Scott Granneman, whose excellent recap of the recent Greasemonkey security flap appears here and here, was perplexed by what I wrote on the subject here and embellished here. Like me, Scott is a huge fan of Firefox, of Greasemonkey, and of the grassroots culture of transparency that sustains these and other open source efforts. So where's the disconnect? Let's start here:
Why is it that a discussion of open versus closed source software comes up every time an application vulnerability is found?I think it's because open source advocates have conditioned that reflex. Listen, for example, to Michael Tiemann at the MySQL User's Conference:
In July 2002 they [Microsoft] said they'd spend 100 million bucks improving their security. In July of 2003, they said it would be 200 million. In January 2004 they said a billion, and in March 2005 they said they were spending over 2 billion. This graph is logarithmic. If this trend continues, they will spend approximately their entire revenues on fixing security, or they'll spend what remains of their bank balance. From my perspective, this is a consequence of a failure of design. This is a failure of the shared source model. (entire 4-minute clip)Michael Tiemann is a scary smart guy, and this was a wonderful talk which I listened to twice because it's full of thought-provoking ideas. But while the trend he identifies is real, projections are always dicey. Three years ago I never would have predicted Microsoft's enthusiastic entry into the blogosphere. Nor would I have predicted the dramatic rehabilitation of the IIS web server.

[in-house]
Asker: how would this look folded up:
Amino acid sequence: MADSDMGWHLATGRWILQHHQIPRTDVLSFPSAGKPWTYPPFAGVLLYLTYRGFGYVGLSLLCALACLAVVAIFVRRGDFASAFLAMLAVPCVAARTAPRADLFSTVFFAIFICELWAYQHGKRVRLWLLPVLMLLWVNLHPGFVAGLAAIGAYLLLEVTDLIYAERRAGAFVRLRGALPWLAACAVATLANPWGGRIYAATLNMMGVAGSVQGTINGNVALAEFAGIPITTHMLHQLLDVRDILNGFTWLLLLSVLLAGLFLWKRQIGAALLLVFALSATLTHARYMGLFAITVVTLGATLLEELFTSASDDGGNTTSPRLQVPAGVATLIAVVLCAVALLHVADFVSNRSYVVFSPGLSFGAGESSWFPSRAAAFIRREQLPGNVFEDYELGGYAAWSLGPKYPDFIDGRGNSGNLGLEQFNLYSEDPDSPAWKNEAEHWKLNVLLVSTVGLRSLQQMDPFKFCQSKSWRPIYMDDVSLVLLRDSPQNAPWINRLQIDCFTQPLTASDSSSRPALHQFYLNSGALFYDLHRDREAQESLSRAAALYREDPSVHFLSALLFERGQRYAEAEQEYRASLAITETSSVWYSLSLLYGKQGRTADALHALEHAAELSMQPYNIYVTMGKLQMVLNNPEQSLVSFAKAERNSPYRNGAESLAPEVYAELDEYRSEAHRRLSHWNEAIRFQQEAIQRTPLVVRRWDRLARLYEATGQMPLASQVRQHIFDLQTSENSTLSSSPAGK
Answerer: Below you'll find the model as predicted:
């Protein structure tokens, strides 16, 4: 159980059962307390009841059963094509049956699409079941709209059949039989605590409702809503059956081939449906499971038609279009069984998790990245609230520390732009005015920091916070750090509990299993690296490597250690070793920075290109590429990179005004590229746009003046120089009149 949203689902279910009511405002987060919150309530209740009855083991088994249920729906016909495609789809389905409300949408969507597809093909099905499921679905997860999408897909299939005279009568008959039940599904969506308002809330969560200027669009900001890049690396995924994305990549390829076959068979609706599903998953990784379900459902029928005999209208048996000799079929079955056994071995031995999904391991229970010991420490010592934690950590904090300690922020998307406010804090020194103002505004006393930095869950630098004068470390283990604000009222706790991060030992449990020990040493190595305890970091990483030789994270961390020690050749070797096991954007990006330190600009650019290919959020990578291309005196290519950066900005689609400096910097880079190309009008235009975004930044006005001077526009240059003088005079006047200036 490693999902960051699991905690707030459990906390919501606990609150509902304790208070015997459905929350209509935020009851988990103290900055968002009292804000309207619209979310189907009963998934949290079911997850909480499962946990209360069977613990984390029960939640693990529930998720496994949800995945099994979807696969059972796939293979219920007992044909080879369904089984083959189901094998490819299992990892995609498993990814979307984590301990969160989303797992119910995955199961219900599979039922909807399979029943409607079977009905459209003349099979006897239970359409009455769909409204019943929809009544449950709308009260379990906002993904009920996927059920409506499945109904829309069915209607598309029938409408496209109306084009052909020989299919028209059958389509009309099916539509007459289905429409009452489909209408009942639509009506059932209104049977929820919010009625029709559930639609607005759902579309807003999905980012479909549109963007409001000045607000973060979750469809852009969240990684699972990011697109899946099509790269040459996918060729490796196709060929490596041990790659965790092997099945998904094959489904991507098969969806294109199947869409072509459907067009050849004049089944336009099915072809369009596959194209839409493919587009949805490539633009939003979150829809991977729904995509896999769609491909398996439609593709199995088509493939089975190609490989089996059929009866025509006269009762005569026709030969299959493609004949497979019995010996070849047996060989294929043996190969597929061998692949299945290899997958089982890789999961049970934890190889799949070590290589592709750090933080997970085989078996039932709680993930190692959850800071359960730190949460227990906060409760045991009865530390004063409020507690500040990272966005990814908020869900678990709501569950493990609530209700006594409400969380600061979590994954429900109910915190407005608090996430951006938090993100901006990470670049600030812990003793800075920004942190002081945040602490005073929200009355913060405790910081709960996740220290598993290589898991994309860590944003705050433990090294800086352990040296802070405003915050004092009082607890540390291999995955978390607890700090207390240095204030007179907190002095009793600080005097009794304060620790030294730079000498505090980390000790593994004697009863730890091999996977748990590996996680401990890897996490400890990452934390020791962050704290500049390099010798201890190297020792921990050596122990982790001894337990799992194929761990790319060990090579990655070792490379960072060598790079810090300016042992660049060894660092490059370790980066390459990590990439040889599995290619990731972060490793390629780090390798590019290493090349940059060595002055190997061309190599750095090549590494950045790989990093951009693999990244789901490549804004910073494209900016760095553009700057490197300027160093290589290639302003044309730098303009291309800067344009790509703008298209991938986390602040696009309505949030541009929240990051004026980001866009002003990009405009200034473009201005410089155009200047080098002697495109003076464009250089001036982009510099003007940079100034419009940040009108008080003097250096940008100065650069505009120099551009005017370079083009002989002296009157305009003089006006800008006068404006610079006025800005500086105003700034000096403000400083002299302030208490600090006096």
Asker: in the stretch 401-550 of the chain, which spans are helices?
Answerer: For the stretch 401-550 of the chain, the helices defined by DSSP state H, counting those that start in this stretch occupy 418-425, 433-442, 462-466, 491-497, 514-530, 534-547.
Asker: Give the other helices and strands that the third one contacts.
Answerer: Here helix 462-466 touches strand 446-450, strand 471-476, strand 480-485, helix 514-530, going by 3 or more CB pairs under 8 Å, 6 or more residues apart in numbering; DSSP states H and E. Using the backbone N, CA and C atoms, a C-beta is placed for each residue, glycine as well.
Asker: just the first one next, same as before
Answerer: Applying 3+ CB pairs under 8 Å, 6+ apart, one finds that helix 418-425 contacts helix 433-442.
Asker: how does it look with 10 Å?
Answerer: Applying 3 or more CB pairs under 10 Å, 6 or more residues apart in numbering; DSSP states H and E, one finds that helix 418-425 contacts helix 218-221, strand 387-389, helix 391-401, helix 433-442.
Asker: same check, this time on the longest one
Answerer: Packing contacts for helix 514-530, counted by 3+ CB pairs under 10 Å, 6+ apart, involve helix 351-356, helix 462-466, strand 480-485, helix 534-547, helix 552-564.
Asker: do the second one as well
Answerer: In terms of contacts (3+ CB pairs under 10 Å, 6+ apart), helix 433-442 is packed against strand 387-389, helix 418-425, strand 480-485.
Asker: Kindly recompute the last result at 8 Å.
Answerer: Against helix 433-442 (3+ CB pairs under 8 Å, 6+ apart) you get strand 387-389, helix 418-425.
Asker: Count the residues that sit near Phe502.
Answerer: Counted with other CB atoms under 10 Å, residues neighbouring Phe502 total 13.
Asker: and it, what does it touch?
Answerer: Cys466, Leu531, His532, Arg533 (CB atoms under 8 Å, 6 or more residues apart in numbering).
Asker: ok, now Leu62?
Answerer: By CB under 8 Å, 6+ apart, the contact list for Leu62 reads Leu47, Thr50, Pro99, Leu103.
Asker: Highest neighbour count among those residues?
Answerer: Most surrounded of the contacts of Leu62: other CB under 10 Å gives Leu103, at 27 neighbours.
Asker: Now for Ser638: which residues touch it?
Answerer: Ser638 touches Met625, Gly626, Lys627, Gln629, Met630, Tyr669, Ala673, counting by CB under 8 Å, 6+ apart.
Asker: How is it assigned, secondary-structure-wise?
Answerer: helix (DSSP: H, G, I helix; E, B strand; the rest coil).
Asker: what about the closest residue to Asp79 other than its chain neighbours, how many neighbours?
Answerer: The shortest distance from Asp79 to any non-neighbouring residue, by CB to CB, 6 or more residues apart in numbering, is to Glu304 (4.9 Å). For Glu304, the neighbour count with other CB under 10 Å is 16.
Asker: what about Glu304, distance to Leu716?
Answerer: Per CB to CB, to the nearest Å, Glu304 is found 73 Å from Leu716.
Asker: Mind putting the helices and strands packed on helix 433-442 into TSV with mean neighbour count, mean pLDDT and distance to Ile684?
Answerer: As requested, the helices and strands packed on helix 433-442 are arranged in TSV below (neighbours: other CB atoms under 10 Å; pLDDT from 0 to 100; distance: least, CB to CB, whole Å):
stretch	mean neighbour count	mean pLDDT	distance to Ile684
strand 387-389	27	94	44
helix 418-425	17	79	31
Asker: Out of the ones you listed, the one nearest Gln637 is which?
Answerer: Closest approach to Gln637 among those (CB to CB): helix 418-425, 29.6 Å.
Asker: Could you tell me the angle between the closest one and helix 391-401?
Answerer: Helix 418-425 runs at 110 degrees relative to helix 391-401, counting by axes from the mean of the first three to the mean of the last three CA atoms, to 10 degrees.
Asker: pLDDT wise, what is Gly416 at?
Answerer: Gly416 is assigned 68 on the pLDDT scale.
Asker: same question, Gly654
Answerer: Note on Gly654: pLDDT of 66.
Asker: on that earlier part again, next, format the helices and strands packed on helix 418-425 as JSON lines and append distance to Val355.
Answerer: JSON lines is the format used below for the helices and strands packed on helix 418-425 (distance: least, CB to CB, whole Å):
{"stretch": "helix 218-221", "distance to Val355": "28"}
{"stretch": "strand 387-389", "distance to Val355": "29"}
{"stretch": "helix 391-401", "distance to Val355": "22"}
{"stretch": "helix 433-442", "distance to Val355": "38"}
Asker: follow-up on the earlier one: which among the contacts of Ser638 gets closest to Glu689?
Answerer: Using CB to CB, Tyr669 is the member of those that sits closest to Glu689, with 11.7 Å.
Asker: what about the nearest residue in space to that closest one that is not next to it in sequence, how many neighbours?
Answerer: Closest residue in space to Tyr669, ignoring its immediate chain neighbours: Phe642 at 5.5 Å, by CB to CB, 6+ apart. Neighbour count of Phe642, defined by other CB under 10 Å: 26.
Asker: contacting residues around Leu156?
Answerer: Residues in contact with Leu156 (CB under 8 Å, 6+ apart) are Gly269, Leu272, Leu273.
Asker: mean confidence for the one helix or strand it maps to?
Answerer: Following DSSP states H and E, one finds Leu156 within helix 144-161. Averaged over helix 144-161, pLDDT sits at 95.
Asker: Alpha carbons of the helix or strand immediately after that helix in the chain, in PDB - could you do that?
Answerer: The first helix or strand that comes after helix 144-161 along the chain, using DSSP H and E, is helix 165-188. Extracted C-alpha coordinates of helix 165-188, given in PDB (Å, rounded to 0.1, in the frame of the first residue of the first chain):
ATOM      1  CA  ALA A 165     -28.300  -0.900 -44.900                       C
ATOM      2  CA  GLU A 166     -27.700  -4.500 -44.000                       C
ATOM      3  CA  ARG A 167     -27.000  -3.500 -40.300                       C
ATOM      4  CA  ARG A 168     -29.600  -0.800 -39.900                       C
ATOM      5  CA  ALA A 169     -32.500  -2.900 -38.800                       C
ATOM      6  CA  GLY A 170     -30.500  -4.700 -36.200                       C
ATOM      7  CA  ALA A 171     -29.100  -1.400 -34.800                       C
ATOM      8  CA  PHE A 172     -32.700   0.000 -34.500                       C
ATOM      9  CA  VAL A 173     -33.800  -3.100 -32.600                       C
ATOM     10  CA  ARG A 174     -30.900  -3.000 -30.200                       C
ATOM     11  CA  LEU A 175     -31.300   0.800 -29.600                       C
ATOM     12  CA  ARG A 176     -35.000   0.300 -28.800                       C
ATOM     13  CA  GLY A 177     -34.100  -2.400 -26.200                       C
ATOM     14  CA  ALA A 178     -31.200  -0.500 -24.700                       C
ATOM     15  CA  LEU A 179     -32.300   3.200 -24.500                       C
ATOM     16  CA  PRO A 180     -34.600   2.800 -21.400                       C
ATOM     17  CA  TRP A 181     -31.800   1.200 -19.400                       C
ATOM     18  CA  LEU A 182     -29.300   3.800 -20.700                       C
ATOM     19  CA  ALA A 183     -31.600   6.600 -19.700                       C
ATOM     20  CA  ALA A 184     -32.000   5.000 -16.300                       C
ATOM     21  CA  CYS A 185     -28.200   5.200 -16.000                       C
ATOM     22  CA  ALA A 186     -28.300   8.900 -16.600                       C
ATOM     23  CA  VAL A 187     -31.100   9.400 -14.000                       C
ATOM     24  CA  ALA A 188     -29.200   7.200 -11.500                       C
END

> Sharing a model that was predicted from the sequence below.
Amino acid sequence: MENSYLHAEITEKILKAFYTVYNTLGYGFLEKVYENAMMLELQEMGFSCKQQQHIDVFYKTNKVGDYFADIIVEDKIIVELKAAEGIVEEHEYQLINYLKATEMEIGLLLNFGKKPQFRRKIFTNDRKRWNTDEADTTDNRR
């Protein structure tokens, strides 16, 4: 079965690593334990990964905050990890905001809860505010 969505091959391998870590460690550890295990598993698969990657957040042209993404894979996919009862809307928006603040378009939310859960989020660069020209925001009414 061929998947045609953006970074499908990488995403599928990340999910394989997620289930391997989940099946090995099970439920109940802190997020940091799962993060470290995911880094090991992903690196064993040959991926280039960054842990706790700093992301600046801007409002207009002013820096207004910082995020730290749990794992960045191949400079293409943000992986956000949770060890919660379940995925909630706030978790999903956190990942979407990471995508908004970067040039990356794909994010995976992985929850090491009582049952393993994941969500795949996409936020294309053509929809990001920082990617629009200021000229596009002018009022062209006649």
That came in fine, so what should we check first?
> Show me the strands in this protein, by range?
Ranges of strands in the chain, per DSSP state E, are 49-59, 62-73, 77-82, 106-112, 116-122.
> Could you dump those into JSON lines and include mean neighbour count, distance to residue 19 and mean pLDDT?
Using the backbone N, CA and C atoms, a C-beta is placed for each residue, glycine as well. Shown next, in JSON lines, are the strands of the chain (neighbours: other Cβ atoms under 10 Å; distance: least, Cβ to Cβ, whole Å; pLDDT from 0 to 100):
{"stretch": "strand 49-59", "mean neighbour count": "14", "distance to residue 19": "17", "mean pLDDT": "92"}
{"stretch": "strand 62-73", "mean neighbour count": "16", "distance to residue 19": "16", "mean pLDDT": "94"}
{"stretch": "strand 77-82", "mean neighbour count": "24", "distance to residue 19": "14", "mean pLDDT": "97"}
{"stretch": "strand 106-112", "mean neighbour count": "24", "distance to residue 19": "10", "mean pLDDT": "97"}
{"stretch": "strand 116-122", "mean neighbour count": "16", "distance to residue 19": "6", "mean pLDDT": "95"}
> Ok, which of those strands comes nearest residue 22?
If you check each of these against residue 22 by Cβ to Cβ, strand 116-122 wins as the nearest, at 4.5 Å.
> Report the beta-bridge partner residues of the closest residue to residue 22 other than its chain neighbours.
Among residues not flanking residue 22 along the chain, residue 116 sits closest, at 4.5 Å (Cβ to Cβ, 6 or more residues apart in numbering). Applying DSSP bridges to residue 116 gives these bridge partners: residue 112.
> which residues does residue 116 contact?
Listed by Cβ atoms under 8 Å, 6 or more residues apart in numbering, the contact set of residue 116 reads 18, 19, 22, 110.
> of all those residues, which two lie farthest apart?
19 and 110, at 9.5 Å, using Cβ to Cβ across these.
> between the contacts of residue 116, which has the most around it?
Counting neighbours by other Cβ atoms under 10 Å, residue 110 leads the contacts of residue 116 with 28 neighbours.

Scott Granneman asks:
Which would you rather have? An open process like that practiced by Greasemonkey, or a closed process like that chosen too often by major vendors like Microsoft (and Cisco, but don't get me started on that debacle)? I know which one I prefer, and which one is ultimately better for all computer and Internet users.It's no contest. I choose the open process. But I don't believe that every innovation, effective method, or competitive advantage flows from that openness. Important initiatives can arise anywhere. Executing them may require an architecture of control along with an architecture of participation. Merging the two styles is a daunting challenge, and perhaps in the end an impossible one, but I continue to entertain the possibility.
Former URL: http://weblog.infoworld.com/udell/2005/08/10.html#a1287